Splash flow from a metal plate hit by an electron beam pulse

PDF Version Also Available for Download.

Description

When a pulsed electron beam hits a metal plate with sufficient energy a volume of the metal becomes hot fluid that subsequently sprays out of the plate. A second pulse of electrons traveling toward the plate would scatter and degrade before impacting the solid plate because of its encounter with the diffuse material of the initial splash. People designing electron beam machines for use as pulsed radiation sources wish to eliminate the interaction between the electrons and the splash because they want sharp radiation pulses emitted from the solid plate. This report presents a compressible fluid model of this splash ... continued below

Physical Description

22 p.

Creation Information

Garcia, M., LLNL September 1, 1997.

Context

This report is part of the collection entitled: Office of Scientific & Technical Information Technical Reports and was provided by UNT Libraries Government Documents Department to Digital Library, a digital repository hosted by the UNT Libraries. It has been viewed 13 times . More information about this report can be viewed below.

Who

People and organizations associated with either the creation of this report or its content.

Sponsor

Publisher

Provided By

UNT Libraries Government Documents Department

Serving as both a federal and a state depository library, the UNT Libraries Government Documents Department maintains millions of items in a variety of formats. The department is a member of the FDLP Content Partnerships Program and an Affiliated Archive of the National Archives.

Contact Us

What

Descriptive information to help identify this report. Follow the links below to find similar items on the Digital Library.

Description

When a pulsed electron beam hits a metal plate with sufficient energy a volume of the metal becomes hot fluid that subsequently sprays out of the plate. A second pulse of electrons traveling toward the plate would scatter and degrade before impacting the solid plate because of its encounter with the diffuse material of the initial splash. People designing electron beam machines for use as pulsed radiation sources wish to eliminate the interaction between the electrons and the splash because they want sharp radiation pulses emitted from the solid plate. This report presents a compressible fluid model of this splash flow and compares specific cases with experiments and comprehensive calculations performed by B. DeVolder and others at the Los Alamos National Laboratory, see reference (1). My aim was to develop as simple a theory as possible to calculate the speed and density of the splash flow. I have used both simplifying assumptions and mathematical approximations to develop convenient formulas. As I wished to make a clear and interesting presentation of this work to a diverse audience that includes people outside the specialty of fluid dynamics, some of my descriptions may seem wordier than necessary. The plan of the report is as follows. In the section called ``energy deposition`` I describe how an electron beam deposits energy in a solid plate, converting some of the material into a hot fluid. The initial temperature of this fluid is the key parameter in determining the nature of the subsequent flow; an explicit formula is shown. Flow occurs in two regions: along a streamtube within the metal plate and as an expanding plume outside the metal plate. Flow within the plate is described in the section called ``isentropic flow.`` This flow occurs as expansion waves move at the speed of sound through the streamtube. The analysis of this flow provides a formula for the mass flow over time from the plate into the external splash. The section called ``centered expansion`` elaborates on the nature of certain approximations I have made in treating the wave phenomena in both the streamtube and splash flows. The section called ``splash flow`` presents a formula to describe the material density as a function of space and time outside the plate. This formula depends on the time- dependent material density at the plate, which was found during the streamtube analysis. The section called ``examples`` shows the results of specific calculations and a comparison to computational and experimental results described in reference (1). The final section, ``possible future work,`` poses new questions.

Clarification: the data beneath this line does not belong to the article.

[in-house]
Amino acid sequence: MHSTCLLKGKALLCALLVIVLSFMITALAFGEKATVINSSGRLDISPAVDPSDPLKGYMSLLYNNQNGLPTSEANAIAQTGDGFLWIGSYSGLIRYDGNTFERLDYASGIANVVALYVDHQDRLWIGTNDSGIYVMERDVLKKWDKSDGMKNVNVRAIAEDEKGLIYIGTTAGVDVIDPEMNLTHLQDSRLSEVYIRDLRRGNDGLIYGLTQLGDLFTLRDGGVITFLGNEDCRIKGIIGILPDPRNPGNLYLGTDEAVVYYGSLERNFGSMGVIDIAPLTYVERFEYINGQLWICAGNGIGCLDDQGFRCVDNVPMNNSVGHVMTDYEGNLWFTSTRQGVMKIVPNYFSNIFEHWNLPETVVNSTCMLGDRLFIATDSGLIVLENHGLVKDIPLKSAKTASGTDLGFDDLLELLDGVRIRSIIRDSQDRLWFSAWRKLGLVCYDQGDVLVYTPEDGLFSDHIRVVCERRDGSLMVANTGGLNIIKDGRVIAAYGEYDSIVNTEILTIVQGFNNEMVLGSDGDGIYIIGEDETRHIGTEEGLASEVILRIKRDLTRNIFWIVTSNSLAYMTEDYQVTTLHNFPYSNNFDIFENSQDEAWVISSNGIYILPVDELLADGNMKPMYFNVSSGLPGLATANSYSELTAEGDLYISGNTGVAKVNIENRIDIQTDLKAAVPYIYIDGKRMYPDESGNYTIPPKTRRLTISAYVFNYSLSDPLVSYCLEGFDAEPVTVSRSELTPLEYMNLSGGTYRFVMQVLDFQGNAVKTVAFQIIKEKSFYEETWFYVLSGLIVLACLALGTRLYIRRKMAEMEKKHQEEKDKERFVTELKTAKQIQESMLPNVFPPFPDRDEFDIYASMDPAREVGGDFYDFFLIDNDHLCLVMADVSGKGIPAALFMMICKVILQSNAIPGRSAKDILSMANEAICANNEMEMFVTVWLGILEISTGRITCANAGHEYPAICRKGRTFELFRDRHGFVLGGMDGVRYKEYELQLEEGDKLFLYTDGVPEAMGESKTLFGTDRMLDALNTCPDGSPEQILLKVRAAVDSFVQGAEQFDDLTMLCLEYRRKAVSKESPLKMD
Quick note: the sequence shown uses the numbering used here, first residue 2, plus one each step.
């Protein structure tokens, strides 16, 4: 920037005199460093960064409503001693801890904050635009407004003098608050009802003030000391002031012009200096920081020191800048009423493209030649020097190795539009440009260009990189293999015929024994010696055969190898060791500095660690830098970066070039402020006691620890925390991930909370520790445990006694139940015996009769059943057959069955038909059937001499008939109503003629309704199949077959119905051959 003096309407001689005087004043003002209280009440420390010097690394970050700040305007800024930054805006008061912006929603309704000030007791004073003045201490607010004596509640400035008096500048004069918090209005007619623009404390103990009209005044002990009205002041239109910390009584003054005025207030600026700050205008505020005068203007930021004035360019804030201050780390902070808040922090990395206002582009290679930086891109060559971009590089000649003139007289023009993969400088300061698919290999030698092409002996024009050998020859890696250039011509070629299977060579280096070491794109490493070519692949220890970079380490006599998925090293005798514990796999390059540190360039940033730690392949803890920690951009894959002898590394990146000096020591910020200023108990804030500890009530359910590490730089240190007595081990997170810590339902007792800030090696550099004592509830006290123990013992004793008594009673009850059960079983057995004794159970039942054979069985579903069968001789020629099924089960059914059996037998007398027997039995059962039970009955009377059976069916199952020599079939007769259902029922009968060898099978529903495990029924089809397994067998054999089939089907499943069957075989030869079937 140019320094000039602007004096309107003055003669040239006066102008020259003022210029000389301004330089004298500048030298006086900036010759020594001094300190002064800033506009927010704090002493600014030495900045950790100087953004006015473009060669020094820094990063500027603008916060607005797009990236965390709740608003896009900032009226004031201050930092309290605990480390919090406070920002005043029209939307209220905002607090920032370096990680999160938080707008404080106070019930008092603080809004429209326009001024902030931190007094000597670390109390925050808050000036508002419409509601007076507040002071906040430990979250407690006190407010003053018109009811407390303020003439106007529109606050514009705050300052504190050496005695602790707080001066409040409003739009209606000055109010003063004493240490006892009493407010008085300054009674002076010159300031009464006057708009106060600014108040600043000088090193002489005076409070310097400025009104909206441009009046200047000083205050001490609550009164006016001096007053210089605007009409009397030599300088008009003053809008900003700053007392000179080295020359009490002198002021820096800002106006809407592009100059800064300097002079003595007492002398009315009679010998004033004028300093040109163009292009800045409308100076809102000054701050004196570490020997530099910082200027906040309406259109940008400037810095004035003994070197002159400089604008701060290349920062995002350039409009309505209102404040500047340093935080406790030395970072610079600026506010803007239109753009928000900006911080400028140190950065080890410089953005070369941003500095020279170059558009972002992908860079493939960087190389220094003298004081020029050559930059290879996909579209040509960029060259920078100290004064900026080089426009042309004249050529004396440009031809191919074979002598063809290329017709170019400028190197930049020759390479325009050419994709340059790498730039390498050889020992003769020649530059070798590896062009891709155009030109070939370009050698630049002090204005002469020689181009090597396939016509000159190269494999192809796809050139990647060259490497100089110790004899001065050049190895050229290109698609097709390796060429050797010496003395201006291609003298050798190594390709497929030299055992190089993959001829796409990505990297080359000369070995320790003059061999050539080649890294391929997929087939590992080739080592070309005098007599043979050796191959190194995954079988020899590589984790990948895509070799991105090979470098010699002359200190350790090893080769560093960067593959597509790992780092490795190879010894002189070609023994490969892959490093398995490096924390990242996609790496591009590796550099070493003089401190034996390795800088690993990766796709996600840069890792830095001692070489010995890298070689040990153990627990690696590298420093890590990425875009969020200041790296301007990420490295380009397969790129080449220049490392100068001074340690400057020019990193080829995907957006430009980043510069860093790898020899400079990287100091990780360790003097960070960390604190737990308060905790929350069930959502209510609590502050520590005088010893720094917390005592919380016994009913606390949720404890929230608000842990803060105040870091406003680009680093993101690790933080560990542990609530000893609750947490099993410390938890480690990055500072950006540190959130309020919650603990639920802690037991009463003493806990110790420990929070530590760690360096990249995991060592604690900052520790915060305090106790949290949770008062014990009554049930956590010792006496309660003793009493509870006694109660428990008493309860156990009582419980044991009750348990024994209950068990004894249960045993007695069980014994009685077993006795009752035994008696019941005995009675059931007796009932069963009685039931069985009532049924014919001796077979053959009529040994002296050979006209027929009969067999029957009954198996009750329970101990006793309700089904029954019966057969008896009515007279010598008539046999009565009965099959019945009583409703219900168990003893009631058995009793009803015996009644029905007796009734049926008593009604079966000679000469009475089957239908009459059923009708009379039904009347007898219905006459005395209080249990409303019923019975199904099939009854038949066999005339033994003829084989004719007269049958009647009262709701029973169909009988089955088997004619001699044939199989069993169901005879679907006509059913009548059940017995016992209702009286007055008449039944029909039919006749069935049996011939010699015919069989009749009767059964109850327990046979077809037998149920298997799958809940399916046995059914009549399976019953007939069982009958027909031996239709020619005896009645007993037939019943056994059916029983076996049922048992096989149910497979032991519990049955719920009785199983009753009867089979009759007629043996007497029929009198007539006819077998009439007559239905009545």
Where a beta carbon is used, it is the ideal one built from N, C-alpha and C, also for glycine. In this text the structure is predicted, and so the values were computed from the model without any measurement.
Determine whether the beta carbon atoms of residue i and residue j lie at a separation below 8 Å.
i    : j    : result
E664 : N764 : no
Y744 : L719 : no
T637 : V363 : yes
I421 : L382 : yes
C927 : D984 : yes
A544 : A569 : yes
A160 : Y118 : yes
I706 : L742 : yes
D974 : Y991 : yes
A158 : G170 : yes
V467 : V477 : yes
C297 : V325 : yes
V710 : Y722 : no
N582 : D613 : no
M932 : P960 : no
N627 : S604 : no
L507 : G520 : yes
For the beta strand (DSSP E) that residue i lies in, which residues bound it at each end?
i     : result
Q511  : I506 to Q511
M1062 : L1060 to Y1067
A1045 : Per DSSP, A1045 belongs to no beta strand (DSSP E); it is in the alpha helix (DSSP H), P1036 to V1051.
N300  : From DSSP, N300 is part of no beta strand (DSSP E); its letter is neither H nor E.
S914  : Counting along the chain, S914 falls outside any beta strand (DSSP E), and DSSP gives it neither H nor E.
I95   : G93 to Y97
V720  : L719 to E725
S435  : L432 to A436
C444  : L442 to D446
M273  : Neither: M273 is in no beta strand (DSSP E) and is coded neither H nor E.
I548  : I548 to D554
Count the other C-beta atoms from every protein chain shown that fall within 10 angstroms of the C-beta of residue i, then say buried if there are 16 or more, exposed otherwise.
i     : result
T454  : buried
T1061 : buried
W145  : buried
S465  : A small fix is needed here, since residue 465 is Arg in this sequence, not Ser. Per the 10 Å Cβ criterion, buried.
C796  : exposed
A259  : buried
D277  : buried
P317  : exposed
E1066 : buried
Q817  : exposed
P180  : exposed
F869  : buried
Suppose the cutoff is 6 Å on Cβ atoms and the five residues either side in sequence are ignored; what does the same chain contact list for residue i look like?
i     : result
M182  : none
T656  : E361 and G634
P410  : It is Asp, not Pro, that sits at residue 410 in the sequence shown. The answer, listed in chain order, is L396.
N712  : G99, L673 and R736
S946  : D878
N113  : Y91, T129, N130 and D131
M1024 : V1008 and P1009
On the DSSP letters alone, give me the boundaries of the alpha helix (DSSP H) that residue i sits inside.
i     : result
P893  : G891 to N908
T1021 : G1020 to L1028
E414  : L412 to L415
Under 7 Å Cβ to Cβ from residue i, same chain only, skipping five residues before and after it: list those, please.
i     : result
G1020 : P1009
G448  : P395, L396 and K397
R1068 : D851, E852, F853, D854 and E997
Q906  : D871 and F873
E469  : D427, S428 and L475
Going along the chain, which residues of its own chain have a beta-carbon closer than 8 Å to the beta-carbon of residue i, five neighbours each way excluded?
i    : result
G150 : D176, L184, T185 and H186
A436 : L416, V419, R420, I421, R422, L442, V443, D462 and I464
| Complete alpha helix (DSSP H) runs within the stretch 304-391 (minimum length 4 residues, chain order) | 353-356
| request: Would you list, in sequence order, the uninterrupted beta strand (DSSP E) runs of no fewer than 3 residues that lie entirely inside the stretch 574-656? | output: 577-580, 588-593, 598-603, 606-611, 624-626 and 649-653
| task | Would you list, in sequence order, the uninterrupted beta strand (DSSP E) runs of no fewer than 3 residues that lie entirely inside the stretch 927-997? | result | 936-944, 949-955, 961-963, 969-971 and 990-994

Physical Description

22 p.

Notes

OSTI as DE98052093

Source

  • Other Information: PBD: Sep 1997

Language

Item Type

Identifier

Unique identifying numbers for this report in the Digital Library or other systems.

  • Other: DE98052093
  • Report No.: UCRL-ID--128660
  • Grant Number: W-7405-ENG-48
  • DOI: 10.2172/302198 | External Link
  • Office of Scientific & Technical Information Report Number: 302198
  • Archival Resource Key: ark:/67531/metadc674208

Collections

This report is part of the following collection of related materials.

Office of Scientific & Technical Information Technical Reports

What responsibilities do I have when using this report?

When

Dates and time periods associated with this report.

Creation Date

  • September 1, 1997

Added to The UNT Digital Library

  • July 25, 2015, 2:20 a.m.

Description Last Updated

  • Feb. 17, 2016, 4:31 p.m.

Usage Statistics

When was this report last used?

Yesterday: 0
Past 30 days: 0
Total Uses: 13

Interact With This Report

Here are some suggestions for what to do next.

Start Reading

PDF Version Also Available for Download.

Citations, Rights, Re-Use

Garcia, M., LLNL. Splash flow from a metal plate hit by an electron beam pulse, report, September 1, 1997; California. (digital.library.unt.edu/ark:/67531/metadc674208/: accessed August 20, 2017), University of North Texas Libraries, Digital Library, digital.library.unt.edu; crediting UNT Libraries Government Documents Department.